To identify a wide range of species you're going to need a microscope (see below), and a camera to capture images of what you see. I use this simple mechanical adapter which screws onto the front of a standard lens to attach my camera over the eyepiece of the microscope. Compact cameras can work very well for this, or you can also buy microscope-specific USB cameras to capture images directly to a computer.
Low power binocular microscopes are very useful for examining springtails, but to visualize details of morphology frequently needed for identification, higher magnification is needed. I use a low-cost (for a microscope!) Apex Practitioner monocular microscope, giving magnifications of 40-800X. I can examine whole springtails at 40X magnification and use 200X or 400X magnification for features such as teeth, setae and ocelli. Lighting is experimental. Sometimes the transmitted light from the sub-stage LED system can produce good results but mostly reflected light is needed (or a combination of the two). I use two or three Ikea Jansjo LED lights with craft foam diffusers and play around with the lighting until I can highlight the features I'm looking for. You'll need to use a remote release and have the setup on a firm surface because vibration is a big problem at high magnifications.
When you magnify an image the depth of focus decreases. At magnifications greater than 1:1 the area in focus is often only 1mm deep, so if you're trying to photograph something bigger than this, you can't get it all in focus in one shot. Using a microscope, depth of focus is even smaller. There's no way around this problem, it's the laws of physics. Well actually, there is a way around. Using focus stacking software you can combine multiple images each with a slightly different focus to produce a composite image which is all in focus. You can do this using Adobe Photoshop, but specialist software such as Zerene Stacker (which I use) or Helicon Focus does a better job. This can get quite technical but it's an unavoidable part of ultra-macro photography.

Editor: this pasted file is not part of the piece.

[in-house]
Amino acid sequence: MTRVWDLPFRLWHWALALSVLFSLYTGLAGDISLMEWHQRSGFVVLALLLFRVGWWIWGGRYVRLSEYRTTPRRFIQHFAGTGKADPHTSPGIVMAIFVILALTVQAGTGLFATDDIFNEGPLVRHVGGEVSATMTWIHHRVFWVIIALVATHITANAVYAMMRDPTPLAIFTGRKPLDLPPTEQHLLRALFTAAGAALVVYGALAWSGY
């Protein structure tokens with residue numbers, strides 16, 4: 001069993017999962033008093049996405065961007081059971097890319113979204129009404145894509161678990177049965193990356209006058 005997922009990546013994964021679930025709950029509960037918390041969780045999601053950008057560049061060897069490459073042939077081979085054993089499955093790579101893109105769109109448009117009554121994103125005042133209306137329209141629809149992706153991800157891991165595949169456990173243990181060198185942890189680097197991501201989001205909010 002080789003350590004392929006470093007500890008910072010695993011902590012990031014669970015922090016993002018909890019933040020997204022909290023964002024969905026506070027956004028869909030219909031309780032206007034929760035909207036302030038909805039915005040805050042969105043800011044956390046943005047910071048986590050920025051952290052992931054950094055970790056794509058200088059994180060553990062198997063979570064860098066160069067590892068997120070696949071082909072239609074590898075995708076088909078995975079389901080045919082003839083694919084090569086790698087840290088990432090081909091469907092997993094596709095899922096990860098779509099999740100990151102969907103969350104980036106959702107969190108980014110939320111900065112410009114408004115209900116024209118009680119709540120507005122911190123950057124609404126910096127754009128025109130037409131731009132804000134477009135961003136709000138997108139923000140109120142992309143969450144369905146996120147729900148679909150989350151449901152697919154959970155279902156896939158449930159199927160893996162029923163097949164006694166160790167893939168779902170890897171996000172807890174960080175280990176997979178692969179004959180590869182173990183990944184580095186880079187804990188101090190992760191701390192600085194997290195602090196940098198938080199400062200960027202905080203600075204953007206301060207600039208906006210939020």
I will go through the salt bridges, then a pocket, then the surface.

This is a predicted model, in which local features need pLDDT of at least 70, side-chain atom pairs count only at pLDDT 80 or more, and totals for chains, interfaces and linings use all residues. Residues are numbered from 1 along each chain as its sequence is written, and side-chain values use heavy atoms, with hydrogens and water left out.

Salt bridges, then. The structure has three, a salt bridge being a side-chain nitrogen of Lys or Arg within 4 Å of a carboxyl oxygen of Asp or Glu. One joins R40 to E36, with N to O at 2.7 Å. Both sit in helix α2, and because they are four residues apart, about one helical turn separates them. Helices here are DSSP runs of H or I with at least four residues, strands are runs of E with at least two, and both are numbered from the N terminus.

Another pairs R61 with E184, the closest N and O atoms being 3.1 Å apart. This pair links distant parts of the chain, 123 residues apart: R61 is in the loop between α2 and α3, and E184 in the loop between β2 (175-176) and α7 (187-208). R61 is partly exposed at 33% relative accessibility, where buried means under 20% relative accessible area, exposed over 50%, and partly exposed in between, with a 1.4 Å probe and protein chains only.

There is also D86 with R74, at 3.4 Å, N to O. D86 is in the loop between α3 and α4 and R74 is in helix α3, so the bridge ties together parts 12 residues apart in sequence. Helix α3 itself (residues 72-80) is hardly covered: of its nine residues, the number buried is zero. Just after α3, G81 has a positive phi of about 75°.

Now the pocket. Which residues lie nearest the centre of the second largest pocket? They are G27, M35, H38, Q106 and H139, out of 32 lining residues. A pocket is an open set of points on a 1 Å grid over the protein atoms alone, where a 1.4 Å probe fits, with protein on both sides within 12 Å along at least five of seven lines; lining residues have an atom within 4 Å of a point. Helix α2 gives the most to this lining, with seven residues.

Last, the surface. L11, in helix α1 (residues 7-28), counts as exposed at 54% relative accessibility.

70% isopropanol is usually used to preserve springtail specimens and is available online. For long term preservation 95% ethanol is recommended, but this is virtually impossible for private individuals to buy. Vodka or gin will do in a push but you can buy 50ml of 70% isopropanol in a handy dropper bottle for a lot less. Needless to say (?) isopropanol is toxic and should not be consumed!
For microscopy, standard microscope slides can be used. However, if you float a specimen in a drop of liquid it can move around and this makes focus stacking difficult. Putting a coverslip on top of a springtail will crush it, so well slides are useful. These have a shallow depression on one side and can hold small specimens more stably.
The other type of well slide involves making a small corral with Blu Tack or plasticine. Plain microscope slides are best for this as they are flat and all on one focal plane:
Gently transfer a springtail into the corral with an artist brush and place another flat slide on top (use a slide as cover slips are too thin and will break). This requires patience and generally takes a few goes as springtails normally manage to jump out a few times before you get the lid on. Alternatively you can use paper or a leaf as the lower surface if you won't be examining it under a microscope and would like a more natural background with less reflections. When the animal is safely corralled, place the assembly on a flat surface and gently but firmly press down on the top slide until movement begins to be restricted - be careful not to damage or squash the springtail. The slide can now be photographed, or examined using a hand lens or under the microscope and it is easy to turn the slide over to examine ventral details. While this isn't the best method to obtain high quality photographs, it does save a lot of time if you need record shots of a large number of specimens and it also allows high magnification of living specimens. After examination the animal can be released unharmed.
Alan Cann, March 2018.